Treverbyn, Cornwall Genealogy

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Cornwall Parishes

Guide to Treverbyn, Cornwall ancestry, family history, and genealogy: parish registers, transcripts, census records, birth records, marriage records, and death records.

Treverbyn, Cornwall
Type Ecclesiastical Parish
Civil Jurisdictions
Hundred Powder
County Cornwall
Poor Law Union St Austell
Registration District St Austell
Records begin
Parish registers: 1850
Bishop's Transcripts: None
Ecclesiastical Jurisdictions
Rural Deanery Powder
Diocese Exeter
Province Canterbury
Legal Jurisdictions
Probate Court Court of the Bishop (Consistory) of the Archdeaconry of Cornwall
Location of Archive
Cornwall Record Office

Parish History

TREVERBYN, a chapelry in St. Austell parish, Cornwall; near St. Austell r. station. It was constituted in 1846.[1]

Treverbyn Parish appeared in the Domesday Book as voke lands of an ancient manor. Walter Treverbyn was Sheriff of Cornwall in 1223; the property descended through generations of family, until Henry Courtenay, Marquess of Exon and Earl of Devon, son of a Treverbyn heiress, forfeited his lands to the crown for treason against Henry VIII. Another Treverbyn heiress married into the Trevannion family, and that family retained their land holdings for more centuries, while much of Treverbyn Courtenay was sold to local families such as the Rashleighs, Sawles, and Carlyons under the Land-Tax Redemption Act. The Duchy, of course, retained its interest[s] in the land as well.

As the soil of the parish was thinly spread over a granite base, farming was very difficult. However, tin and copper did exist, so many followed three or four occupations, tinning as well as farming and perhaps shop-keeping, etc.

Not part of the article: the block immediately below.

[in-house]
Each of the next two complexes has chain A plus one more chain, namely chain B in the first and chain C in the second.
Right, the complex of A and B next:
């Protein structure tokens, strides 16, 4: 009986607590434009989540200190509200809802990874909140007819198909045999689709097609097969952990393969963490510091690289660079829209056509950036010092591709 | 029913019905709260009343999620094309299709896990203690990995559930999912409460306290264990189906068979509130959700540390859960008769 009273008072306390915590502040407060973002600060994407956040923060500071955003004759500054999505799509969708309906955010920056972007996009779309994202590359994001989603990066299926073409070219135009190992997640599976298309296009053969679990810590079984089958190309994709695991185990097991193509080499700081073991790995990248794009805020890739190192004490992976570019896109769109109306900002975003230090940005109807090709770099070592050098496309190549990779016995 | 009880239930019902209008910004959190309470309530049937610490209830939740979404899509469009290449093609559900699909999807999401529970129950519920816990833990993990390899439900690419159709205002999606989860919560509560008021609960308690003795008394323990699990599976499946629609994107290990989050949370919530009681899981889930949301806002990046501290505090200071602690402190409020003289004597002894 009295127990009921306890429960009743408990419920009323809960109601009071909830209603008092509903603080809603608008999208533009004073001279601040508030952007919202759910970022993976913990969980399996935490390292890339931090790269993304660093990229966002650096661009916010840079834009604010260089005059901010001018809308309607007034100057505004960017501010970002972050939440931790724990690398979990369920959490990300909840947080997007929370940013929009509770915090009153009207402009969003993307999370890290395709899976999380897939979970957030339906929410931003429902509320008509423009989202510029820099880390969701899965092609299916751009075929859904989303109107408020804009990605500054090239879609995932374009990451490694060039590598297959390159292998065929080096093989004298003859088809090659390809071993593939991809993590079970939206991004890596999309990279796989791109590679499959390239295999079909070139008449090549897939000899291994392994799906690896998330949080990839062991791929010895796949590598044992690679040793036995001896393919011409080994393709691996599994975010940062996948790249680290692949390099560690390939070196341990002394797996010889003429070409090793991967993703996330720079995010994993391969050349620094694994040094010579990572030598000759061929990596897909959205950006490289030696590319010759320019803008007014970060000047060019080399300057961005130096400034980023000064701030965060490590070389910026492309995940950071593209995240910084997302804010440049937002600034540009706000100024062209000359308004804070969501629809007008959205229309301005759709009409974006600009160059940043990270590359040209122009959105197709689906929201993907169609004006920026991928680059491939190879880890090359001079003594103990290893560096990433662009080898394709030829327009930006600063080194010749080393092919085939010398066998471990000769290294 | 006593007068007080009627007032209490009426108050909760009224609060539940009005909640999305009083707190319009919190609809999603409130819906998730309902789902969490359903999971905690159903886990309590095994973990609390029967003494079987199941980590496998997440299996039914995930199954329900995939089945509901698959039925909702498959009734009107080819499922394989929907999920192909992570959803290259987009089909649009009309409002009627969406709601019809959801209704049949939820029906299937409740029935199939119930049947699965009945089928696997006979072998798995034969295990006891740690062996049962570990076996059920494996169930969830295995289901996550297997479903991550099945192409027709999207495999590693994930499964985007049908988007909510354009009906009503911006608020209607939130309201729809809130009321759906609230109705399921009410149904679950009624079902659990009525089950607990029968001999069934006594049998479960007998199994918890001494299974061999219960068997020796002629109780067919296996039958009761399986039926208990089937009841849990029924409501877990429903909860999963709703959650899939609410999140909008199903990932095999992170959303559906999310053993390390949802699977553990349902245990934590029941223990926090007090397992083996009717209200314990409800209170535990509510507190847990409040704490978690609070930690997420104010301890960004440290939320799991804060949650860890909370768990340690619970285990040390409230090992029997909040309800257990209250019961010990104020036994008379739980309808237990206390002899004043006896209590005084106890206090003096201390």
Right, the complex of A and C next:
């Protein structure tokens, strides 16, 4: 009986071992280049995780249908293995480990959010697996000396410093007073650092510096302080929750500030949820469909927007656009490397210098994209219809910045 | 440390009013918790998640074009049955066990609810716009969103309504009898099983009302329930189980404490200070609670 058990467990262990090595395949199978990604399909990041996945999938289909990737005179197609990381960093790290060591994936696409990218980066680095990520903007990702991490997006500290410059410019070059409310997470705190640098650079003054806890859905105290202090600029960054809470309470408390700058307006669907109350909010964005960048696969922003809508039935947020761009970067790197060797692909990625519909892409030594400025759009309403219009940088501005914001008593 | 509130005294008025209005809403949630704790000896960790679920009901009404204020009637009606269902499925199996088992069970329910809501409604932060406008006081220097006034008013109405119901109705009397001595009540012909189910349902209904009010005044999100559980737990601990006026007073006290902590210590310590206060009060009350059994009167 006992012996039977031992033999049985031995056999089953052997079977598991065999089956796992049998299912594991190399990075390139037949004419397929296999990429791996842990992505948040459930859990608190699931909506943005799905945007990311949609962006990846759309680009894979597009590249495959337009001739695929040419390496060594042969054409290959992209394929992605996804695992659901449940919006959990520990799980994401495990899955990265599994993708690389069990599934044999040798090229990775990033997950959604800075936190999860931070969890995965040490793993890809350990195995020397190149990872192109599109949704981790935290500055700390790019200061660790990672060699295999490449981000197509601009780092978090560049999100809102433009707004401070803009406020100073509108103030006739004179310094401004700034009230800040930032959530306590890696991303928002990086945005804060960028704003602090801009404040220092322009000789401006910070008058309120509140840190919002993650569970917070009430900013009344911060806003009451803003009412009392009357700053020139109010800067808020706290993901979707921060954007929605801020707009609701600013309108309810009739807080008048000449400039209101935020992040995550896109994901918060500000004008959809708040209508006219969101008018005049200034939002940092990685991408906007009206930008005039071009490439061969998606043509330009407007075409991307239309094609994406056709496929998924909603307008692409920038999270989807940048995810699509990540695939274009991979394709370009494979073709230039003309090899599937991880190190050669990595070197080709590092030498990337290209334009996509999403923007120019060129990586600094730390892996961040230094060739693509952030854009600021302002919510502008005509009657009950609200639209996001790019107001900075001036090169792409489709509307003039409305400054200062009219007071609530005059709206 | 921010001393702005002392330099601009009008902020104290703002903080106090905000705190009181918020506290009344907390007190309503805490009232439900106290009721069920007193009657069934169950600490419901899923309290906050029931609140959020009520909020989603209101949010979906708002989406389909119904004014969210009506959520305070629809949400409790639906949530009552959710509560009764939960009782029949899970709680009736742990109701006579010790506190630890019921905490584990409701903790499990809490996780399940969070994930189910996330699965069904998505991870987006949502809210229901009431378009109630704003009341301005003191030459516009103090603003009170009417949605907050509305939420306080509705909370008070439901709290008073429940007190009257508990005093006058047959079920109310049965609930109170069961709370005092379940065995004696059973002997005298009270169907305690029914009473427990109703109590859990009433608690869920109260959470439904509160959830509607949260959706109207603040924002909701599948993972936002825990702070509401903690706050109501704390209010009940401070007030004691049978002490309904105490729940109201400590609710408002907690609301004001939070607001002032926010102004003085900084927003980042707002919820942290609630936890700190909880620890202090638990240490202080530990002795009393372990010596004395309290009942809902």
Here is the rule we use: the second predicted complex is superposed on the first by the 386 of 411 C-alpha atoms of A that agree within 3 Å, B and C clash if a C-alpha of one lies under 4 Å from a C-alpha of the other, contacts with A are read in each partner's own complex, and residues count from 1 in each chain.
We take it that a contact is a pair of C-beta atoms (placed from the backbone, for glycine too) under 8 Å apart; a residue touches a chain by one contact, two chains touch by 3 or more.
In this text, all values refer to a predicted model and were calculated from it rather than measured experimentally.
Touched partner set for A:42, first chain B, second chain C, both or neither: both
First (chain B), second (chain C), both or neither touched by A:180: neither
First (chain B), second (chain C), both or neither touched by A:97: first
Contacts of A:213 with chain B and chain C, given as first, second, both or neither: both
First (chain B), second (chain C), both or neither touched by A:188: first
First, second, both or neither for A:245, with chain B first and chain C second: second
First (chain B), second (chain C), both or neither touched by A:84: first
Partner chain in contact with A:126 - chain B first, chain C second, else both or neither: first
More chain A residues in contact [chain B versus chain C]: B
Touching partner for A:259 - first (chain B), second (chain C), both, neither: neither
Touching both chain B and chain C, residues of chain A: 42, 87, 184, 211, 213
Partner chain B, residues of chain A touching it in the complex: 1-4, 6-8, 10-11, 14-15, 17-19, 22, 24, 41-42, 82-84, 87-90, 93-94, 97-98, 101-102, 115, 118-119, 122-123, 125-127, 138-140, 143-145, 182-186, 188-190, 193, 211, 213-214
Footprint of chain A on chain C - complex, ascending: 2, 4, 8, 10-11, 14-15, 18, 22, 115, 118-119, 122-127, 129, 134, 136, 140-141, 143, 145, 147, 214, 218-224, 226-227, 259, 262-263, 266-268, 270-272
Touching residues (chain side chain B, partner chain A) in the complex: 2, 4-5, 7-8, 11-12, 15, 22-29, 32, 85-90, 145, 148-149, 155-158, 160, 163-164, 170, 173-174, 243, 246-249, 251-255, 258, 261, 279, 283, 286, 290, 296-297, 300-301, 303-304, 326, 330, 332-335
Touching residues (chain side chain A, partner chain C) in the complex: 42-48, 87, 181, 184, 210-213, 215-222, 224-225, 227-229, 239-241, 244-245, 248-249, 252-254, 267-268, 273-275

After the discovery of the importance of china clay (a by-product of granite), Treverbyn changed immensely. The clay mines expanded, causing hamlets and villages to disappear, while "The Cornish Alps" - looming mountains of pure white clay residue - were raised. (These were also called 'clay tips'.) Other abodes changed names; Carne Rosemary became Bugle, while Greensplat became a hole.


Church Records

Treverbyn parish registers of christenings, marriages and burials are available online for the following years:

FS PRs = England, Cornwall Parish Registers, 1538-2010 (FamilySearch) - free
FS Mar = England, Devon and Cornwall Marriages, 1660-1912 (FamilySearch) - free
FS = FamilySearch - free
OPC = Cornwall Online Parish Clerk - free
FREG = FreeREG - free
RW = RootsWeb - free
FMP = Cornwall Baptisms, Marriages, Burials (FindMyPast) - ($)
TGEN = Cornwall Parish Records (TheGenealogist) - ($)[2]
BOYD = England, Boyd's Marriage Indexes, 1538-1850 (FindMyPast) - free
IGI = International Genealogical Index (FamilySearch) - free[3]
FS Catalog PRs = FamilySearch Catalog Parish registers - free
FS Catalog BTs = FamilySearch Catalog Bishop's transcripts - free
Treverbyn Online Parish Records
Indexes Images Indexes Images Indexes Images
FS PRs 1538-2010
FS Mar


FS 1538-1975
OPC 1538-1911
FREG 1538-1900s
RW 1848-1901
FMP 1538-1916
TGEN 1540-1800s




FS Catalog PRs

FS Catalog BTs

To find the names of the neighboring parishes, use England Jurisdictions 1851 Map. In this site, search for the name of the parish, click on the location "pin", click Options and click List contiguous parishes.

Records are also available at the Cornwall Record Office.

Treverbyn was considered part of St. Austell parish until 1848, when that parish was divided into 3. Records before that date appear under St. Austell; the St. Austell Genealogical and Historical Website has transcriptions of manorial records as well as church registers, and newspaper articles regarding the dissolution of Treverbyn Trevannion in the 1850s. Be sure to check there for records prior to 1848.

St. Peter's Church of England was built in 1850; the parish registers commence from that date, and have been transcribed.